Deconstructing Cointreau

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The distiller’s wiki claims Cointreau has 250 g/L of sugar which would be a brix of 22.9. I definitely think it is sweeter. Only one way to find out!

The goal of the experiment will be to find the true sugar content and originating alcohol content and volume before sugaring. From this down the road we can make a base that a certain g/L of peels can be added to approximate Cointreau’s intensity.

I keep seeing all sorts of g/L measurements all over the web. Grand Marnier is 254 g/L while Kahlua is 490 g/L

I used a 500 mL sample, distilled off the alcohol and diluted back to 500 mL with distilled water and let it cool back to room temp. My specific gravity hydrometer says 1.1 which is 260 g/L. and my more accurate brix hydrometer reads just less than 23 which validates it.

260 grams of sugar undissolved volumetrically looks like slightly more than a cup. The dissolved volume that it takes up is about 154 mL (using the water test) so the original pre-sugared alcohol content of Cointreau would be 400/(1000-154) or 856 mL of 47% alcohol spirit!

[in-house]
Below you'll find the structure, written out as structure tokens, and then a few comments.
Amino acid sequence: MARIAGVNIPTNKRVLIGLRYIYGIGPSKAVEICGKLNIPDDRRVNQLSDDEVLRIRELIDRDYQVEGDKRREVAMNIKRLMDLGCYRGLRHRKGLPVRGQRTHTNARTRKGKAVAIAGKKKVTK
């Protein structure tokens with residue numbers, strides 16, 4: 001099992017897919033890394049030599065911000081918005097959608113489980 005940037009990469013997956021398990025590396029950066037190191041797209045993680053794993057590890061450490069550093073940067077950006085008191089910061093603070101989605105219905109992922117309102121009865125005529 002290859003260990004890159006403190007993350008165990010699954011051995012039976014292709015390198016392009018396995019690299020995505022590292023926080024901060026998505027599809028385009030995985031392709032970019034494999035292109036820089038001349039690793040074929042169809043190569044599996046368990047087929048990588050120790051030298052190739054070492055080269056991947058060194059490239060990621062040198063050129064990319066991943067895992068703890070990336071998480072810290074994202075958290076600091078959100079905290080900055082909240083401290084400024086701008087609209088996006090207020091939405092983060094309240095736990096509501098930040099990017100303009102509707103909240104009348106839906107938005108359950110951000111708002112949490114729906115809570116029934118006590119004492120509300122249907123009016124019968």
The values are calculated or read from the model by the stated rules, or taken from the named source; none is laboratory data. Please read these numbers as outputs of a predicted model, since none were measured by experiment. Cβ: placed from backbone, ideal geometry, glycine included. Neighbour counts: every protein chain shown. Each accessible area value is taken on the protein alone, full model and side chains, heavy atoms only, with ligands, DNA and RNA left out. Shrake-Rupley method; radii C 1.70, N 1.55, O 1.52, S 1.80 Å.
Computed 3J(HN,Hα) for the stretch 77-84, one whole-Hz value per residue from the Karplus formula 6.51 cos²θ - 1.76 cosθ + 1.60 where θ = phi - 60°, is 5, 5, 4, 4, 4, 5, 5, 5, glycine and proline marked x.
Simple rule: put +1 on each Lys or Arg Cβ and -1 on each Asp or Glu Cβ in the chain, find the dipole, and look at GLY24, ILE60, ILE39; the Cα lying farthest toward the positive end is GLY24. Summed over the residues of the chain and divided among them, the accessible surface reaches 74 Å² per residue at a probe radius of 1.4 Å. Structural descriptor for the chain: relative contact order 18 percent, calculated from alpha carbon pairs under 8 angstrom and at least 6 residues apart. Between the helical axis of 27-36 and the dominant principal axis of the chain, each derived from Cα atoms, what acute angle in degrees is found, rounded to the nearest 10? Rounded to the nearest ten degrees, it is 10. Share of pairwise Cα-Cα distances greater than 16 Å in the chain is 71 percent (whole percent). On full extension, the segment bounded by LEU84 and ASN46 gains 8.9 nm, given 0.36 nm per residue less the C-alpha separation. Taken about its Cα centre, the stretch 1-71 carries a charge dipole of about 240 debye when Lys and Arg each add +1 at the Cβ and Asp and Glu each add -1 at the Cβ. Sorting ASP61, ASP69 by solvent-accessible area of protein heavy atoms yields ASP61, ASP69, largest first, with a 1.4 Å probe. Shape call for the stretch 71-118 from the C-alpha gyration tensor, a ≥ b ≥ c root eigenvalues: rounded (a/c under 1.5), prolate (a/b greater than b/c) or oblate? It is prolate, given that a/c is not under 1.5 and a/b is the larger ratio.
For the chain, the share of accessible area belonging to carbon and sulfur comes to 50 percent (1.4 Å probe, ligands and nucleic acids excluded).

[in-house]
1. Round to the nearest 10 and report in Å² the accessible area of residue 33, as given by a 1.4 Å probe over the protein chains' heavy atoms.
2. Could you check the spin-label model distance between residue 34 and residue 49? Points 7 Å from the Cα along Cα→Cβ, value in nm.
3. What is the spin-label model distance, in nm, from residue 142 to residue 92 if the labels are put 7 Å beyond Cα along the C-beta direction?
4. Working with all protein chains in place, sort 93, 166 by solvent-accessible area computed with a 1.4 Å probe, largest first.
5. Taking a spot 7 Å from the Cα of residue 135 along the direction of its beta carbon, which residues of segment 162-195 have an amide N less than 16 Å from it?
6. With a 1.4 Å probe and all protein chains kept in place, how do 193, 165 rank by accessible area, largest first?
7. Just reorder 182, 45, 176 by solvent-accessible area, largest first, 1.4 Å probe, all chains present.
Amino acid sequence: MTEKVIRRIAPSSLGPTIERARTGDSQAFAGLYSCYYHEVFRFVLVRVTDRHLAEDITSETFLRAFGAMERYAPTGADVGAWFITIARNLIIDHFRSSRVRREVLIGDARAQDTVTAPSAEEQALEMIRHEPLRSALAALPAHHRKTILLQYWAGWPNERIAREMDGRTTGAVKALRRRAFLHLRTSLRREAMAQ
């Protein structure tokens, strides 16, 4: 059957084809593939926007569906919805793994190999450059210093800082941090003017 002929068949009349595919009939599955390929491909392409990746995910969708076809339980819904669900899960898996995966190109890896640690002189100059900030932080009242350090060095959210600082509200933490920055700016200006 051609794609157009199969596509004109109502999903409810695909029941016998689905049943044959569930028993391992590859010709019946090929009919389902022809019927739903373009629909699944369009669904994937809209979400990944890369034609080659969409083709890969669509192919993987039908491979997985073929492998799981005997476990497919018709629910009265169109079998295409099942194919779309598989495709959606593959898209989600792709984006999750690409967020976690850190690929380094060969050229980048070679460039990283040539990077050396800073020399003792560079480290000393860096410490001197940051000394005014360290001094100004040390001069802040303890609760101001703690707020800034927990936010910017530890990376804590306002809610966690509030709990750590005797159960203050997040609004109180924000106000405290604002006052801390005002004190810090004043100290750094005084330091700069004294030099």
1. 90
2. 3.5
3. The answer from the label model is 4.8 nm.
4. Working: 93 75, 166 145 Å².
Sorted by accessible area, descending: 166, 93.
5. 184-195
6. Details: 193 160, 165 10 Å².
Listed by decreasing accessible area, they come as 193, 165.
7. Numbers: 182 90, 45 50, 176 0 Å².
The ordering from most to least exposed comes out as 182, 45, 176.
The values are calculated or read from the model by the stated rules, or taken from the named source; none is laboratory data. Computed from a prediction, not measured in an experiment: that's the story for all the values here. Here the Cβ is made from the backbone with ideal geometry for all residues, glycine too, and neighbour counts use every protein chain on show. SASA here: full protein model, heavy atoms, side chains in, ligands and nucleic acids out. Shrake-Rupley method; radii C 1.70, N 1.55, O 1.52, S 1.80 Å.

Now we can confidently replicate the structure of Cointreau. All we have to do now is find a gorgeous source of oranges, slowly add their peels and come up with a guideline for orange intensity.

As for me, I’m going to jump the gun on a solid guideline and make some seville orange flavored St. James rhum liqueur!

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2 thoughts on “Deconstructing Cointreau

  1. i think i over engineered finding the sugar content here. i will post the new methodology soon.

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